May 21 2013 Latest news:
Wednesday, February 27, 2013
THE TaxPayers’ Alliance has called on George Osborne to freeze tax on beer in next month’s Budget, releasing figures showing that one-third of the cost of a pint in a pub goes straight to the taxman.
The campaign group said the Chancellor should call time on the “beer duty escalator” which has increased the tax by 42% in the past four years.
According to alliance chief executive, Matthew Sinclair, beer duty in the UK is the second highest in the European Union and 10 times the level in Germany.
We spoke to pub landlords and landladies in Ipswich to get their views on the issue and the effect its having on the town’s pubs.
Name: Mik Stoddard, 53
From: The Golden Hind, Nacton Road
Comment: “I’m not in favour of anything to do with beer tax hikes, they’re working against the trade. It makes it much more difficult for people to brave it through the current climate.”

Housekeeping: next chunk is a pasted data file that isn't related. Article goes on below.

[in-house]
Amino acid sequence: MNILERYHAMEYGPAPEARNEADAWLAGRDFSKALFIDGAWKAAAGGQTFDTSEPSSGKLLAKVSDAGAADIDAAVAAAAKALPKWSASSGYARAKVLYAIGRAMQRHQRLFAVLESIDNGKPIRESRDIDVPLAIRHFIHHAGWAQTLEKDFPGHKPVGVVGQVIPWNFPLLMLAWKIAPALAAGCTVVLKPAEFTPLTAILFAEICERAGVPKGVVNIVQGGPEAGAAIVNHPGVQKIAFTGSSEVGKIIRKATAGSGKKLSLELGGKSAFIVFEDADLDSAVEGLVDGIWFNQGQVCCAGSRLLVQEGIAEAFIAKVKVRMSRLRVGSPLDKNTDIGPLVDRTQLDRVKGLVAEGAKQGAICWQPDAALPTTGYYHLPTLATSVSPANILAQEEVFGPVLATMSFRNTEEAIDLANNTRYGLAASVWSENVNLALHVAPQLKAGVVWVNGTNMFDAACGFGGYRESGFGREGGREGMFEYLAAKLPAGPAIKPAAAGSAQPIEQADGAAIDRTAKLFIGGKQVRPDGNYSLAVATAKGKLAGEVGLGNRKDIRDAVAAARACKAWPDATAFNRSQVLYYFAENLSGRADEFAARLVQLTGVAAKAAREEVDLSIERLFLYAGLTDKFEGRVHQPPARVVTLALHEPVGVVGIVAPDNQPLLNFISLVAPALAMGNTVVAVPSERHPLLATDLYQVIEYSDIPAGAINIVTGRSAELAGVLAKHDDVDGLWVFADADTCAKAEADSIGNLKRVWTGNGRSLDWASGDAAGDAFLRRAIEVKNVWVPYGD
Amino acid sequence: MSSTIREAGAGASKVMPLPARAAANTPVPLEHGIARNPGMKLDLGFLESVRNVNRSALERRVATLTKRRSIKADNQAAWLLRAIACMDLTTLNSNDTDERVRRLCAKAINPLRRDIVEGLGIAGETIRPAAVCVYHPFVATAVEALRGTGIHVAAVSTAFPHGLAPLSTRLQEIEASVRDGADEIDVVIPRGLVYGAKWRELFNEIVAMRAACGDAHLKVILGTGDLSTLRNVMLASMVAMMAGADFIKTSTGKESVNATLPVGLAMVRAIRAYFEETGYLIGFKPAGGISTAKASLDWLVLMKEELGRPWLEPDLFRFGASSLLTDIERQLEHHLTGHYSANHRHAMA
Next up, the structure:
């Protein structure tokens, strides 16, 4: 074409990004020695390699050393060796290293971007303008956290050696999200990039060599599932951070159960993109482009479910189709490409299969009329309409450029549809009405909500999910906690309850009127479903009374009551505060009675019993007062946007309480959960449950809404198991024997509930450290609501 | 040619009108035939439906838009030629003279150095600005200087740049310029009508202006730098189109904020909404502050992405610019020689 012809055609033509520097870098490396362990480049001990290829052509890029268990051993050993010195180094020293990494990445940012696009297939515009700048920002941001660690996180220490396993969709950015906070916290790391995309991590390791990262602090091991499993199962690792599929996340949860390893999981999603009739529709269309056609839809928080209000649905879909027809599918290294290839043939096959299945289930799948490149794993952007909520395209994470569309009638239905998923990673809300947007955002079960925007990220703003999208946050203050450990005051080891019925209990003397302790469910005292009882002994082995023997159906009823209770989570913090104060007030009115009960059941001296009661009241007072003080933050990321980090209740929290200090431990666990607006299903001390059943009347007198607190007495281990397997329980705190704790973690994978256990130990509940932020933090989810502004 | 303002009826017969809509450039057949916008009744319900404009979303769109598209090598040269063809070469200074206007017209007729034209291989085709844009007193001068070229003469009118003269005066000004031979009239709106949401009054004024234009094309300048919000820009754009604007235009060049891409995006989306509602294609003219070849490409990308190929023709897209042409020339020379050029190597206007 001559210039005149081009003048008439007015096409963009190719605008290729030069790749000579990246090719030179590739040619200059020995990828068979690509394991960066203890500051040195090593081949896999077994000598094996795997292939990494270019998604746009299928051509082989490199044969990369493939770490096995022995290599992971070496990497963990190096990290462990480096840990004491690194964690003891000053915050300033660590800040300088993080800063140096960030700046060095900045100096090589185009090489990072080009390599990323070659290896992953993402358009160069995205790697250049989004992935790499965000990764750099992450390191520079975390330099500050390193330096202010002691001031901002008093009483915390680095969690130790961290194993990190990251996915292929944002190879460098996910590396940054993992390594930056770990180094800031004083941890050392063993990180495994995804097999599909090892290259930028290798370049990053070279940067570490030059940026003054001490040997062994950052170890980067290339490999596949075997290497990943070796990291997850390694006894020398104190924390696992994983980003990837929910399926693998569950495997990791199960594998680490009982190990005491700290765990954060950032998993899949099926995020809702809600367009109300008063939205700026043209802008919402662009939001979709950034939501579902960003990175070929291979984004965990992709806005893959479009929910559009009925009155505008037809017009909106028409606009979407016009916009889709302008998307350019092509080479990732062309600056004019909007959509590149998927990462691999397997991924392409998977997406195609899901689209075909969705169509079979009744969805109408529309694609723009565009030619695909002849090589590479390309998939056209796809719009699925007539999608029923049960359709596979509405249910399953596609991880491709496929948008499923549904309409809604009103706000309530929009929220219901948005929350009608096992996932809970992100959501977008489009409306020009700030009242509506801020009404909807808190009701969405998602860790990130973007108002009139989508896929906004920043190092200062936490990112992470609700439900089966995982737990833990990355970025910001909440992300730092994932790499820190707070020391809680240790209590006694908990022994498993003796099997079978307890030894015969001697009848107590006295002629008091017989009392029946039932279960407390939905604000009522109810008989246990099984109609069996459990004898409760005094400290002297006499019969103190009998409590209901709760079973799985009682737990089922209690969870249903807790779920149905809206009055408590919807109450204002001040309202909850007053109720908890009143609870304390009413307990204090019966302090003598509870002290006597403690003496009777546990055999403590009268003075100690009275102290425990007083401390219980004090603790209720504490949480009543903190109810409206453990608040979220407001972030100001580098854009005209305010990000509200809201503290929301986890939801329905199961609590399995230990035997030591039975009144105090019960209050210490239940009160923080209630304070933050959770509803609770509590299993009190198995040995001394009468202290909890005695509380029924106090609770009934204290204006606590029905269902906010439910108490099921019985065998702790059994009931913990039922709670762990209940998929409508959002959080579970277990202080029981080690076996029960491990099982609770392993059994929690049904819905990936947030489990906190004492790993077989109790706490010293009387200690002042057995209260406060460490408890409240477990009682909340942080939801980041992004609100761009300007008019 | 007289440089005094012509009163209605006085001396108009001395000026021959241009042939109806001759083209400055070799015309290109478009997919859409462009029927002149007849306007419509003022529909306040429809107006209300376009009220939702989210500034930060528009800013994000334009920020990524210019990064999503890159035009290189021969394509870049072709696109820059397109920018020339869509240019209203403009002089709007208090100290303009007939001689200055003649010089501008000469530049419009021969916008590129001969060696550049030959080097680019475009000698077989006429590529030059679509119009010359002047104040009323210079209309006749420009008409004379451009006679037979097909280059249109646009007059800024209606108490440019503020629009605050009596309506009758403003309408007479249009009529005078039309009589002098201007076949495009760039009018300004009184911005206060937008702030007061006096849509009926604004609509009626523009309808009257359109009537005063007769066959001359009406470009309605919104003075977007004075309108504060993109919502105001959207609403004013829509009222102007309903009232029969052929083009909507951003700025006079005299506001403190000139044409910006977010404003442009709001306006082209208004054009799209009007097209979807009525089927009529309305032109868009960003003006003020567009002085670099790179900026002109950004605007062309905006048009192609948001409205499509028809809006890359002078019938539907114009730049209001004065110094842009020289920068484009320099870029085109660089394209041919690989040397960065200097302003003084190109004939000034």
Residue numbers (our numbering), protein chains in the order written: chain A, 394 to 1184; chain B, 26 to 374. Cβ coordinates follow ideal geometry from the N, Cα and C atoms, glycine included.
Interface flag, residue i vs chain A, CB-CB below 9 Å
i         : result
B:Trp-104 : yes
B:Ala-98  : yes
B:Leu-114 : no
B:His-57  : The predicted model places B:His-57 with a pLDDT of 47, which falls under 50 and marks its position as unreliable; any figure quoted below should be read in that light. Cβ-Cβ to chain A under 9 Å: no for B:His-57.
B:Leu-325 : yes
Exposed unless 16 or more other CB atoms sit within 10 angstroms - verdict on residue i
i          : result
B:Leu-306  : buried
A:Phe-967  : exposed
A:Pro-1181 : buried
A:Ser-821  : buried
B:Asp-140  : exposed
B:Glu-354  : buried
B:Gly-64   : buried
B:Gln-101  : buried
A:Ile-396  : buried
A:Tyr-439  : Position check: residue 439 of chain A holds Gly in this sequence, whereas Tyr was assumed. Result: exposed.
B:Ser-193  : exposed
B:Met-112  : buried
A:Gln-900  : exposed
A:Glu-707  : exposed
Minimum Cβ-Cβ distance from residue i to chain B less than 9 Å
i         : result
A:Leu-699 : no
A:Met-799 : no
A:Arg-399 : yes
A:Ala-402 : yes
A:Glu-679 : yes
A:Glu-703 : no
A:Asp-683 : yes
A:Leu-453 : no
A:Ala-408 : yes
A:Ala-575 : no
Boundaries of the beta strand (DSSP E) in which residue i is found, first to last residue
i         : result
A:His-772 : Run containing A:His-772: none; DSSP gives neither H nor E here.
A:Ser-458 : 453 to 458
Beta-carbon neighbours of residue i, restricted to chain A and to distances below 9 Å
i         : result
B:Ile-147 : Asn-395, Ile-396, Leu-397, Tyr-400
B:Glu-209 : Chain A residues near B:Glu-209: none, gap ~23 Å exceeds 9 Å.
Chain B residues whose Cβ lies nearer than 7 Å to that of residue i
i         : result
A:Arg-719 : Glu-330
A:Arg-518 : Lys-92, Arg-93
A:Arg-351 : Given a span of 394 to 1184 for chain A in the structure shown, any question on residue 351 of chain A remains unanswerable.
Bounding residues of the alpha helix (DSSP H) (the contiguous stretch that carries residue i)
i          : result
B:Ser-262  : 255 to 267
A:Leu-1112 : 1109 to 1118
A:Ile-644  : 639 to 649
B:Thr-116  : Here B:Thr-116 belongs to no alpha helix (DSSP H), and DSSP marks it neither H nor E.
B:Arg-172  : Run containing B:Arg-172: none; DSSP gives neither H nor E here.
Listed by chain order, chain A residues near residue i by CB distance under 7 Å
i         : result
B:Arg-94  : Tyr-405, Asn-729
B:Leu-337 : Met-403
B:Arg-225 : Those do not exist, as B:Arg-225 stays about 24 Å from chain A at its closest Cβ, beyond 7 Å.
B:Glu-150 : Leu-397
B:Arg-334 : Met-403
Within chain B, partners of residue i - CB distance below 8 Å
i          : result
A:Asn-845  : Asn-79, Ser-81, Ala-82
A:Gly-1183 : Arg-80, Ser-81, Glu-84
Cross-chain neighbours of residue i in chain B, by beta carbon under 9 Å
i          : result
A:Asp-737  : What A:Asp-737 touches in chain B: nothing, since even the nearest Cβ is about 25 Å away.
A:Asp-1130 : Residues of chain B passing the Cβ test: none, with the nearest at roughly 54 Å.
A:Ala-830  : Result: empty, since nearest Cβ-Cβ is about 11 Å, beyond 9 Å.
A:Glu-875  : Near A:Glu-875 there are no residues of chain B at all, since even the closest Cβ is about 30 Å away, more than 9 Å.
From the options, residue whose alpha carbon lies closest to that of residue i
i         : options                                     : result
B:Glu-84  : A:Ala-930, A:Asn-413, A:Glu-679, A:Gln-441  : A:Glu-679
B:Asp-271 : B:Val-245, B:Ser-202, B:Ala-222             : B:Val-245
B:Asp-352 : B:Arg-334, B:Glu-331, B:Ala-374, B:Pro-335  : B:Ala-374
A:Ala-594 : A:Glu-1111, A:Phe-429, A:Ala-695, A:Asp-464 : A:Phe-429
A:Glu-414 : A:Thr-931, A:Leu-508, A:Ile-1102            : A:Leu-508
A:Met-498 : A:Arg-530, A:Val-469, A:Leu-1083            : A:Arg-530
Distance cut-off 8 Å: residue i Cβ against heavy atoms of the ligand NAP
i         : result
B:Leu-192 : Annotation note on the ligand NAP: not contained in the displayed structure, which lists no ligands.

Name: Julie Ridgeon, 50
From: The Kingfisher, Hawthorn Drive
Comment: “It’s so hard at the moment for everybody and anything that helps our industry would be greatly appreciated. It hits really hard and for some places it can make or break them.”
Name: Val Bint, 55
From: The Steamboat Tavern, New Cut West
Comment: “Anything would help but I can’t imagine it is going to happen. Everyone’s struggling at the moment. It is partly to do with the price of beer and that is ultimately to do with the duty.”
Name: Mike Keen, 43
From: The Brewery Tap, Cliff Road
Comment: “The pub industry is in meltdown and I don’t hold out much hope. The Government is supposed to help small businesses but it seems like the whole industry is being victimised.”
Name: Shaun De Silva, 52
From: The Brewers Arms, Orford Street
Comment: “I’ve always felt it was unjustified to bring in this duty from the beginning. It’s penalising the public house trade. I’m very pleased to see there is momentum to abolish this duty.”
Name: Ady Smith, 47
From: The Dove Street Inn, St Helen’s Street
Comment: “We’d welcome it. It’s killing the industry. If they were to reduce it or at least stop the increase, it would create a lot of jobs and benefit the whole of the hospitality trade.”